ISSN: 1040-4651
    E-ISSN: 1532-298X
    Source: JSTOR Life Sciences
    Source: JSTOR Ecology & Botany II
    Source: Elektronische Zeitschriftenbibliothek - Frei zugängliche E-Journals
    Source: Alma/SFX Local Collection
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  • 2
    Language: English
    In: Nature genetics, 2011, Vol.43 (10), p.956-963
    Description: The plant Arabidopsis thaliana occurs naturally in many different habitats throughout Eurasia. As a foundation for identifying genetic variation contributing to adaptation to diverse environments, a 1001 Genomes Project to sequence geographically diverse A. thaliana strains has been initiated. Here we present the first phase of this project, based on population-scale sequencing of 80 strains drawn from eight regions throughout the species' native range. We describe the majority of common small-scale polymorphisms as well as many larger insertions and deletions in the A. thaliana pan-genome, their effects on gene function, and the patterns of local and global linkage among these variants. The action of processes other than spontaneous mutation is identified by comparing the spectrum of mutations that have accumulated since A. thaliana diverged from its closest relative 10 million years ago with the spectrum observed in the laboratory. Recent species-wide selective sweeps are rare, and potentially deleterious mutations are more common in marginal populations.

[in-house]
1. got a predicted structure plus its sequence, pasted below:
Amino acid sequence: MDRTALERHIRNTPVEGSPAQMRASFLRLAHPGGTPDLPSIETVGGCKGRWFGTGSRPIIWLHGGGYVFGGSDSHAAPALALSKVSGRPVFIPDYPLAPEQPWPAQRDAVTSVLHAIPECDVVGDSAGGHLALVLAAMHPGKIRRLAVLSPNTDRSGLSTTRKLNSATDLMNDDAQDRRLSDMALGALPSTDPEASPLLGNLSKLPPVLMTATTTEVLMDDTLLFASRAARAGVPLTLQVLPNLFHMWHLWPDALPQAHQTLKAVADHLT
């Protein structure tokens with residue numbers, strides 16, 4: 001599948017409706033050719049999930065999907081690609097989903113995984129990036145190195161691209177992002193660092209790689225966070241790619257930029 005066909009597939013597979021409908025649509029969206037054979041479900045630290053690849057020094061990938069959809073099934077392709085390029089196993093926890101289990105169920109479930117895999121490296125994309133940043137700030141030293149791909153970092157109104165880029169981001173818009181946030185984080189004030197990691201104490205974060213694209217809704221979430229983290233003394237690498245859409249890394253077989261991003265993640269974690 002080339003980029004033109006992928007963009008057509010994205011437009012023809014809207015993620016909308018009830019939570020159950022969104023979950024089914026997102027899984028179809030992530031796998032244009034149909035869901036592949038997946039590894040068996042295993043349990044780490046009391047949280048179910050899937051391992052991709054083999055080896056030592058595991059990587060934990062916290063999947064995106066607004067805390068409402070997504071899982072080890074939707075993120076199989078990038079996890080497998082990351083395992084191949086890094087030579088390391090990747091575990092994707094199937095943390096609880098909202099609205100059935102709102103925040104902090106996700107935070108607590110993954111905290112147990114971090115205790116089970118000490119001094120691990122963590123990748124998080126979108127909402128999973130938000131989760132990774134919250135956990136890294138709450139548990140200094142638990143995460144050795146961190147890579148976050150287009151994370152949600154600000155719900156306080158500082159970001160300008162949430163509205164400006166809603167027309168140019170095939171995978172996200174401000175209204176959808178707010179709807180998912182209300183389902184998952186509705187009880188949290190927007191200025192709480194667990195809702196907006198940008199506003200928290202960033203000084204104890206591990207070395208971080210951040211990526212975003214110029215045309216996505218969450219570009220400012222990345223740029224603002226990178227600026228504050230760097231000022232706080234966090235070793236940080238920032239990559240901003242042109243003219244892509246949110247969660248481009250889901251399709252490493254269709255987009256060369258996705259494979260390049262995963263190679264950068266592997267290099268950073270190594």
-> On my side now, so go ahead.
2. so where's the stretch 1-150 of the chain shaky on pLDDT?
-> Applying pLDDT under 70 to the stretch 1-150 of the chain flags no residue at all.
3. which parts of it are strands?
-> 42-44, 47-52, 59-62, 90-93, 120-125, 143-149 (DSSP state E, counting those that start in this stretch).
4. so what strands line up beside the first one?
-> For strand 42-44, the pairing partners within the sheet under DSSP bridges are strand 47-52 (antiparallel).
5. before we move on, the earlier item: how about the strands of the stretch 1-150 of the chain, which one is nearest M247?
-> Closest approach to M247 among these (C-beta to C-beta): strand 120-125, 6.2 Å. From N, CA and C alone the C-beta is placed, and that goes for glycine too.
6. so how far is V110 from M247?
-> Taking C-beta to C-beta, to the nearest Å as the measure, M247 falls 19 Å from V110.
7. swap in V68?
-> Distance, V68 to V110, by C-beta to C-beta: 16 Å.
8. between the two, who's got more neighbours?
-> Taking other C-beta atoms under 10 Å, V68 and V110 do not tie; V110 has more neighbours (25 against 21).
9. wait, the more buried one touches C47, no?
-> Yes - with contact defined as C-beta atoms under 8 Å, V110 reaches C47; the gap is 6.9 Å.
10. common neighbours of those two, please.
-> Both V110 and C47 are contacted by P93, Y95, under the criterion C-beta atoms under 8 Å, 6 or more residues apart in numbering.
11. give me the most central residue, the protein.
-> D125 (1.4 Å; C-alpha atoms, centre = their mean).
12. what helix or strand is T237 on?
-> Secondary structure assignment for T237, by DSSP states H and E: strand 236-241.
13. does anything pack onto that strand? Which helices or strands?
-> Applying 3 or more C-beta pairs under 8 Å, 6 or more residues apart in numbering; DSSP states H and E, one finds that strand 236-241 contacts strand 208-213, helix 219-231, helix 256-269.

Subject(s): Alleles ; Arabidopsis - genetics ; Arabidopsis thaliana ; Biological and medical sciences ; Biological Sciences ; Biologiska vetenskaper ; Chromosome Mapping ; Chromosomes, Plant ; DNA, Plant - genetics ; Evolutionary Biology ; Evolutionsbiologi ; Fundamental and applied biological sciences. Psychology ; Genetic aspects ; Genetic Loci ; Genetics of eukaryotes. Biological and molecular evolution ; Genetics, Population ; Genome, Plant ; Genomes ; Geography ; Linkage Disequilibrium ; Mutation ; Natural Sciences ; Naturvetenskap ; Nucleotide sequencing ; Phenotype ; Polymorphism, Single Nucleotide ; Research ; Selection, Genetic ; Sequence Analysis, DNA - methods ; Usage